Dumb Money: Explaining the GameStop Drama
Dumb Money has a lot of explaining to do. As its older cousin The Big Short did with the housing bubble of the 2000s, this valedictory comedy about the GameStop drama of 2021 needs to lay out exactly what happened when 8 million Redditors decided to send the stock for a flailing brick-and-mortar franchise “to the moon” – and do so for people who barely know what a stock is. Even without all the online jargon – tendies, apes, diamond hands, more terms not suitable for polite discourse – the machinations of the scheme are complicated. That means that director Craig Gillespie must devote a significant percentage of his movie to explaining what the hell is going on and who all these people are. Luckily, a lot of the real-life details are totally absurd, which fits the mood of this irreverent film.
Dumb Money doesn’t waste any time exploring why Keith Gill (Paul Dano), a.k.a. Roaring Kitty, and his online fan base decided to screw over Wall Street by investing in a struggling video-game retailer. At this point, even hedge-fund types are aware of how much the average person hates hedge-fund types – they’re the robber barons of our day. And they’re presented as villains from the opening scene, where Melvin Capital Management executive Gabe Plotkin (Seth Rogen) sprints through an empty mansion on his way to take a Zoom call. His company just lost billions overnight, and now Gabe is the one who has to do the explaining.
From there, we jump back seven months to the summer of 2020, when Gill first shared his enthusiasm for GameStop and his plans to invest in it on the r/wallstreetbets subreddit. “I just like the stock,” he says, with the kind of po-faced irony that the terminally online love and the rest of the world struggles to understand. He’s joking, but he’s not, and he’s serious about doing something completely unserious. Dumb Money strikes a similar tone, combining earnest David-and-Goliath sentiment with goofy jokes about TikTok, DoorDash, and not knowing the difference between Jimmy and Warren Buffett.
Many of the film’s funniest jokes come from Keith’s slacker brother Kevin (Pete Davidson, unconvincing as Dano’s blood relative but otherwise perfectly cast), who eats the fries out of the food orders he delivers by bike in the Gills’ hometown of Brockton, Massachusetts. (The Masshole accents in this film are pronounced, and at times silly, but again – that’s the type of movie this is.) Keith’s wife Caroline (Shailene Woodley), meanwhile, is unfailingly supportive, and if there’s a dark side to Roaring Kitty, it is not explored here.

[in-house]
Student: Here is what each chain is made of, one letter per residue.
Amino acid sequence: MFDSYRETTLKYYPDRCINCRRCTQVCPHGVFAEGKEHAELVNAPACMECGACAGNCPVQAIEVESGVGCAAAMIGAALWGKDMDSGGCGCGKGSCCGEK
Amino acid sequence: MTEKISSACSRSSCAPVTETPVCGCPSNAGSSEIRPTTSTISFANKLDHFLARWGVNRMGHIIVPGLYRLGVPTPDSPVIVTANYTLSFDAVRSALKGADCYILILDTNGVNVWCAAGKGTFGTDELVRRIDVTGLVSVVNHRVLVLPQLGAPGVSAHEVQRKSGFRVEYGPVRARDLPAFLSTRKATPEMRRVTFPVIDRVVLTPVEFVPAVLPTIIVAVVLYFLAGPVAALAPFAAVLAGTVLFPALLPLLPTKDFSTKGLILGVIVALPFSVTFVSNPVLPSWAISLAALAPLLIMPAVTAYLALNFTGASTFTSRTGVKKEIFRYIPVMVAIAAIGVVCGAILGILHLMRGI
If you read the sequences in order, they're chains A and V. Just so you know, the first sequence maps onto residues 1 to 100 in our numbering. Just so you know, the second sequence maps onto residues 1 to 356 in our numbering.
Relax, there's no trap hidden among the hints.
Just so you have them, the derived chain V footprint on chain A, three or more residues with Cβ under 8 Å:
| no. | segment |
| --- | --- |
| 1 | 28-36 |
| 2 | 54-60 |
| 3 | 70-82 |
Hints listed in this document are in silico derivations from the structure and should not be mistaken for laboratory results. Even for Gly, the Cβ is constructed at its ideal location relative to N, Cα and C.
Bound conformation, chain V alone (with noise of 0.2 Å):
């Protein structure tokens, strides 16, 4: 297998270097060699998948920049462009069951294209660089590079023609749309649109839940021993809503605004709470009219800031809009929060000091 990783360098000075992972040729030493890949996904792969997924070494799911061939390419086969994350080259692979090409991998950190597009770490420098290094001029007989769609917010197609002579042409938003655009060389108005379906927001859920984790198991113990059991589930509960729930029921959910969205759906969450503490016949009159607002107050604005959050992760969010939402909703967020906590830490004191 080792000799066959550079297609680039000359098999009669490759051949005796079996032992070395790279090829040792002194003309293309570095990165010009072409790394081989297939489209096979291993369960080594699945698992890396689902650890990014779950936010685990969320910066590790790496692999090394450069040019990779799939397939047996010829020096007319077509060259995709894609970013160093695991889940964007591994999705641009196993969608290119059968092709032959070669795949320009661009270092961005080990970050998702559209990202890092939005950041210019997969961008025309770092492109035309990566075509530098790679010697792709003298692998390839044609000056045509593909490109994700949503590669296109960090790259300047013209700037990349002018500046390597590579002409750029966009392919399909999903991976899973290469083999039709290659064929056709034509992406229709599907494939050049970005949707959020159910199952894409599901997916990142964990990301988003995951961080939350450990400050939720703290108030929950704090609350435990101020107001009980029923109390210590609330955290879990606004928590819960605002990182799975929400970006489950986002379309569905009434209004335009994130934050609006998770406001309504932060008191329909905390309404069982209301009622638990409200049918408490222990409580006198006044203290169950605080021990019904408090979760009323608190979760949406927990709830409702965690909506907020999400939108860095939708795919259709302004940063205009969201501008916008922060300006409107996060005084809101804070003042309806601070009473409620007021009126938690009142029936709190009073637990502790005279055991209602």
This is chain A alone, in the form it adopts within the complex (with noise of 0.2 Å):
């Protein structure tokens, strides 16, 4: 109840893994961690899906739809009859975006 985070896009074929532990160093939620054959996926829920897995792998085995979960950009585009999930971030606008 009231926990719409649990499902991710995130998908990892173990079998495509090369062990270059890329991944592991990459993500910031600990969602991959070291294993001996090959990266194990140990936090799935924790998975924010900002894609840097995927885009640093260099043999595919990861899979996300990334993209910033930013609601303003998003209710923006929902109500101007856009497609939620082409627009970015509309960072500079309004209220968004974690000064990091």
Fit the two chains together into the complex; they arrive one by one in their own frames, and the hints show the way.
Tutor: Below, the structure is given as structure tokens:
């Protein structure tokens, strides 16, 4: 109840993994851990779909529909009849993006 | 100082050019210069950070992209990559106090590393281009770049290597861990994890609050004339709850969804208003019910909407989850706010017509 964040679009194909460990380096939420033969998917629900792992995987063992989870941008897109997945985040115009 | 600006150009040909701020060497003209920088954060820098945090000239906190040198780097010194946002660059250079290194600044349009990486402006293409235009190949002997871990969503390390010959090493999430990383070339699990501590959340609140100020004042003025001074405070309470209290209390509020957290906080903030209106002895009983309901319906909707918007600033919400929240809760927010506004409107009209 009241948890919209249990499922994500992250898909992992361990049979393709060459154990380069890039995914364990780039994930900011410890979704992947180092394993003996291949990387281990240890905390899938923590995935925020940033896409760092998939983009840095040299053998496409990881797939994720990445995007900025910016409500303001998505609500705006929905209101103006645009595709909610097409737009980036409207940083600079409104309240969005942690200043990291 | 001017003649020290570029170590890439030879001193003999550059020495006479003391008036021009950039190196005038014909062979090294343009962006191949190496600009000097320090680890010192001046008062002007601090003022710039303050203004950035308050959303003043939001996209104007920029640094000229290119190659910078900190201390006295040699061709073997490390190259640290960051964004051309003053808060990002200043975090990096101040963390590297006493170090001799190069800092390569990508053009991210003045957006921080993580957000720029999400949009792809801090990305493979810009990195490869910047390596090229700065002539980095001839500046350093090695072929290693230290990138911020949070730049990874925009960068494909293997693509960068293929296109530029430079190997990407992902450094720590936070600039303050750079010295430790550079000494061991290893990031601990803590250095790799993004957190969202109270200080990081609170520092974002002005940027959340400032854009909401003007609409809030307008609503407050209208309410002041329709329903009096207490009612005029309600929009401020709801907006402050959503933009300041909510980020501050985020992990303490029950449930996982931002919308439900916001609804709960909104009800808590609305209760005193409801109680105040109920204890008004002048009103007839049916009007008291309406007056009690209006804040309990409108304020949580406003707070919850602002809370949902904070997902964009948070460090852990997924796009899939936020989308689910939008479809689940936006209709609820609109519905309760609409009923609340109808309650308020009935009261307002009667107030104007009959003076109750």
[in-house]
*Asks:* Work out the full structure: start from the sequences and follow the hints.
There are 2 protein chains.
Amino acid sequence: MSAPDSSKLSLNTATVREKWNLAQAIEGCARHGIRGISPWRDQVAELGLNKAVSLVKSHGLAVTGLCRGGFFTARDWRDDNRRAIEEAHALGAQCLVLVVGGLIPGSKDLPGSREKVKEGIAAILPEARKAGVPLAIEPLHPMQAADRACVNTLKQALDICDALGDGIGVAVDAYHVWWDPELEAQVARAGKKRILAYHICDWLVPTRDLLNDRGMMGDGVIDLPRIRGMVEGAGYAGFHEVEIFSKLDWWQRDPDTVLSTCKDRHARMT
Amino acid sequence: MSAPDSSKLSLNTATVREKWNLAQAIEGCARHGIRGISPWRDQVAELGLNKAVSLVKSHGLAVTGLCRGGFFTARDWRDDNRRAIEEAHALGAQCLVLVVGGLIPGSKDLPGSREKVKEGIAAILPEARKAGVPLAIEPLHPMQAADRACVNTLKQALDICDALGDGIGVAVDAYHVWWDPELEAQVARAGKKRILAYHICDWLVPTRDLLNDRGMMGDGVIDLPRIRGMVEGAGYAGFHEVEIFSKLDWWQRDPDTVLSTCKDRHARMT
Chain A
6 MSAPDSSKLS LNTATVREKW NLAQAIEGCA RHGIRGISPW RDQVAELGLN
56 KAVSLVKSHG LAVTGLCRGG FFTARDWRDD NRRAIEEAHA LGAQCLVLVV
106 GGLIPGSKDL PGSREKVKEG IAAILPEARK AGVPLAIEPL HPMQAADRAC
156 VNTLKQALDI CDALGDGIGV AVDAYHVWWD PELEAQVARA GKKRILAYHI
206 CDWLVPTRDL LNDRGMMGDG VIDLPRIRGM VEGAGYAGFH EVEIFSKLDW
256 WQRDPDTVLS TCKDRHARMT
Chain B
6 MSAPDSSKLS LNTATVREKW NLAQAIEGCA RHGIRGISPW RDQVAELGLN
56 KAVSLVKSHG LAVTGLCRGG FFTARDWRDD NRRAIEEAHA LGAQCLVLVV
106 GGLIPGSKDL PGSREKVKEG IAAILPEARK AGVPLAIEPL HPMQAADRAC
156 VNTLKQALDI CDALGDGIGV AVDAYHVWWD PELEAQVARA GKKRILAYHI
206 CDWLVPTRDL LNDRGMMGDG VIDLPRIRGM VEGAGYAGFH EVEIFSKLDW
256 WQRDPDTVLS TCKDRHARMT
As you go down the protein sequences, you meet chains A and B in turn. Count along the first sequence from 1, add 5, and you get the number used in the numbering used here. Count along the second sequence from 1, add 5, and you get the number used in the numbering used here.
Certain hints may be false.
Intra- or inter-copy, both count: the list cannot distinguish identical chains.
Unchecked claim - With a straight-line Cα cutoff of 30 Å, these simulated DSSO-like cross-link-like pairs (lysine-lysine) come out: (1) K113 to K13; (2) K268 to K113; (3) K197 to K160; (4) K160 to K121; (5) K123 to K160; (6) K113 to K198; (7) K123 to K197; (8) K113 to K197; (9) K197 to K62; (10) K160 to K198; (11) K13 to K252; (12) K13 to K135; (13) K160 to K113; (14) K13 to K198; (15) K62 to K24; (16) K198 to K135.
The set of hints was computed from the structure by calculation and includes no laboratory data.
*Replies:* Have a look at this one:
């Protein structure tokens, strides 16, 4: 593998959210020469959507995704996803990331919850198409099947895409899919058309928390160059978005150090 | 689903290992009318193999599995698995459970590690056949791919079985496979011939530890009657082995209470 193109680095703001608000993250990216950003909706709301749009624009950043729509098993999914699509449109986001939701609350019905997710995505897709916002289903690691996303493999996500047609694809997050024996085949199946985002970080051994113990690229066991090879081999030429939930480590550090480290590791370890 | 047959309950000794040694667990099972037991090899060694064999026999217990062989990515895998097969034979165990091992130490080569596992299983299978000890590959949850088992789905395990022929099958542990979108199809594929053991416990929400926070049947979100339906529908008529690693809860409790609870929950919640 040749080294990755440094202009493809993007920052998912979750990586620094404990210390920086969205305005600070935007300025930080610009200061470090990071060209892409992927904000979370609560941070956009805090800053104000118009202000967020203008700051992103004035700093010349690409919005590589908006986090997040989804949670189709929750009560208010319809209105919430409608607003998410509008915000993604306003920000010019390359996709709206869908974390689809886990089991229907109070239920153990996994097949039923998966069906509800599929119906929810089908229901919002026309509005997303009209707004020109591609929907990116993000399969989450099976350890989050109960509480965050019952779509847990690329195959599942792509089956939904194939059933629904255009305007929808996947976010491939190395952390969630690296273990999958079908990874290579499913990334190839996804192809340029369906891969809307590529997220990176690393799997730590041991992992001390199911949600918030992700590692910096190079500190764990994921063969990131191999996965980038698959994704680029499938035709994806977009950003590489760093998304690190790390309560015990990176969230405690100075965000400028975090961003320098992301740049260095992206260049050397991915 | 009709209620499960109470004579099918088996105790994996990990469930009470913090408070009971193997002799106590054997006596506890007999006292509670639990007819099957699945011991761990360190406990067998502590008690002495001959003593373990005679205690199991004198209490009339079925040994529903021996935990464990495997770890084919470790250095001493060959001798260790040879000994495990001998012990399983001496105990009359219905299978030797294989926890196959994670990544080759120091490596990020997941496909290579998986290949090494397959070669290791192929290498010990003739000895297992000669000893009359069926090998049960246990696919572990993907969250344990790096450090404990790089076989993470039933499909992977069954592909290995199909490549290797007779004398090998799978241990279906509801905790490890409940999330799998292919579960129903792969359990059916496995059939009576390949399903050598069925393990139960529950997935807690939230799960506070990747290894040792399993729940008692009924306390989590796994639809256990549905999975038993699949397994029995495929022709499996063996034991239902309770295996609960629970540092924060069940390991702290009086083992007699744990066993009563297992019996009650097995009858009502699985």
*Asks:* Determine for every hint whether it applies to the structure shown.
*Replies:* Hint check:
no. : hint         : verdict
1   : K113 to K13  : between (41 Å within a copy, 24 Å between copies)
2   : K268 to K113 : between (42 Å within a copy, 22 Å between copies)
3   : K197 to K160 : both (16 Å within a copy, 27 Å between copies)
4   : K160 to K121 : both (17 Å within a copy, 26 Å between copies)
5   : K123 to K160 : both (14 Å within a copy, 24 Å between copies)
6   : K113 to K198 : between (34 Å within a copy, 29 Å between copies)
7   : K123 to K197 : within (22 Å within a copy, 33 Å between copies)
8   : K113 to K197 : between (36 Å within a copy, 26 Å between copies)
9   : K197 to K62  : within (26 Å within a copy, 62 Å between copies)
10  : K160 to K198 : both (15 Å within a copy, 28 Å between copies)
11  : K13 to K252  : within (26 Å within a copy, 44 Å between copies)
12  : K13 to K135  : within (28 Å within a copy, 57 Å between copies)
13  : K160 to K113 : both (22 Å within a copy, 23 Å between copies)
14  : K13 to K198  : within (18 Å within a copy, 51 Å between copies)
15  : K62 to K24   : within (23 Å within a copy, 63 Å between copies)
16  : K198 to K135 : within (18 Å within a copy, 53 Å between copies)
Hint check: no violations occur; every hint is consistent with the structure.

Instead, Dumb Money breaks down the nuances of who participated in the GameStop short squeeze and what happened to them through a handful of disparate characters, all of them true believers. There’s Jennifer (America Ferrera), a single mother who works at a hospital and goes by the screen name StonkMom; Marcus (Anthony Ramos), a GameStop employee who hates his boss but loves the company; and Harmony (Talia Ryder) and Riri (Myha’la Herrold), college girlfriends at UT Austin who get their entire dorm in on the Roaring Kitty craze. All of them are motivated by a combination of financial self-interest and anti-establishment fervor: Sure, they want to make money. But if they screw over some billionaires, that’d be cool, too.
By accompanying each character’s introduction with an onscreen readout of their net worth, Dumb Money underlines the staggering disparity between these everyday people and the rich dicks who underestimated them. For Ken Griffin (Nick Offerman), the powerful money man behind Citadel LLC, the number is $36.9 billion; for Harmony, a student from a poor family weighed down by loans, it’s $-186,451. Their pleasures and problems are different, too: The craft beers in Keith and Caroline’s fridge contrast with a lavish party thrown by Robinhood CEOs Vlad Tenev (Sebastian Stan) and Baiju Bhatt (Rushi Kota), who have no idea what they’re doing but raise lots of money anyway thanks to their talent for business-speak bullshit.
Dumb Money evokes its era with surprising specificity
For a movie about events that happened two years ago, Dumb Money evokes its era with surprising specificity, through a combination of loud hip-hop needle drops (Megan Thee Stallion is a favorite) and a recurring bit where characters ask one another to please pull up their masks. (COVID-19 dates every movie it touches, but at least it’s intentional here.) Montages of memes feature prominently in this film, a technique that grows tiresome after its fourth or fifth use. But it does capture the vernacular and attitude of a specific internet subculture at a particular point in history – a moment when Elon Musk had yet to buy Twitter, as becomes obvious whenever the billionaire’s face shows up on screen.
The internet moves fast. But so does Glillespie. In the flashy style also seen in his breakthrough film, I, Tonya, the Dumb Money director jumps between scenes with rhythmic repetition and a manic pace that lends visual excitement to a story that largely takes place online. A large cast of familiar faces also keeps the novelty factor high, even if the plot is a foregone conclusion. In the end, Goliath always wins. So you might as well have some lulz along the way.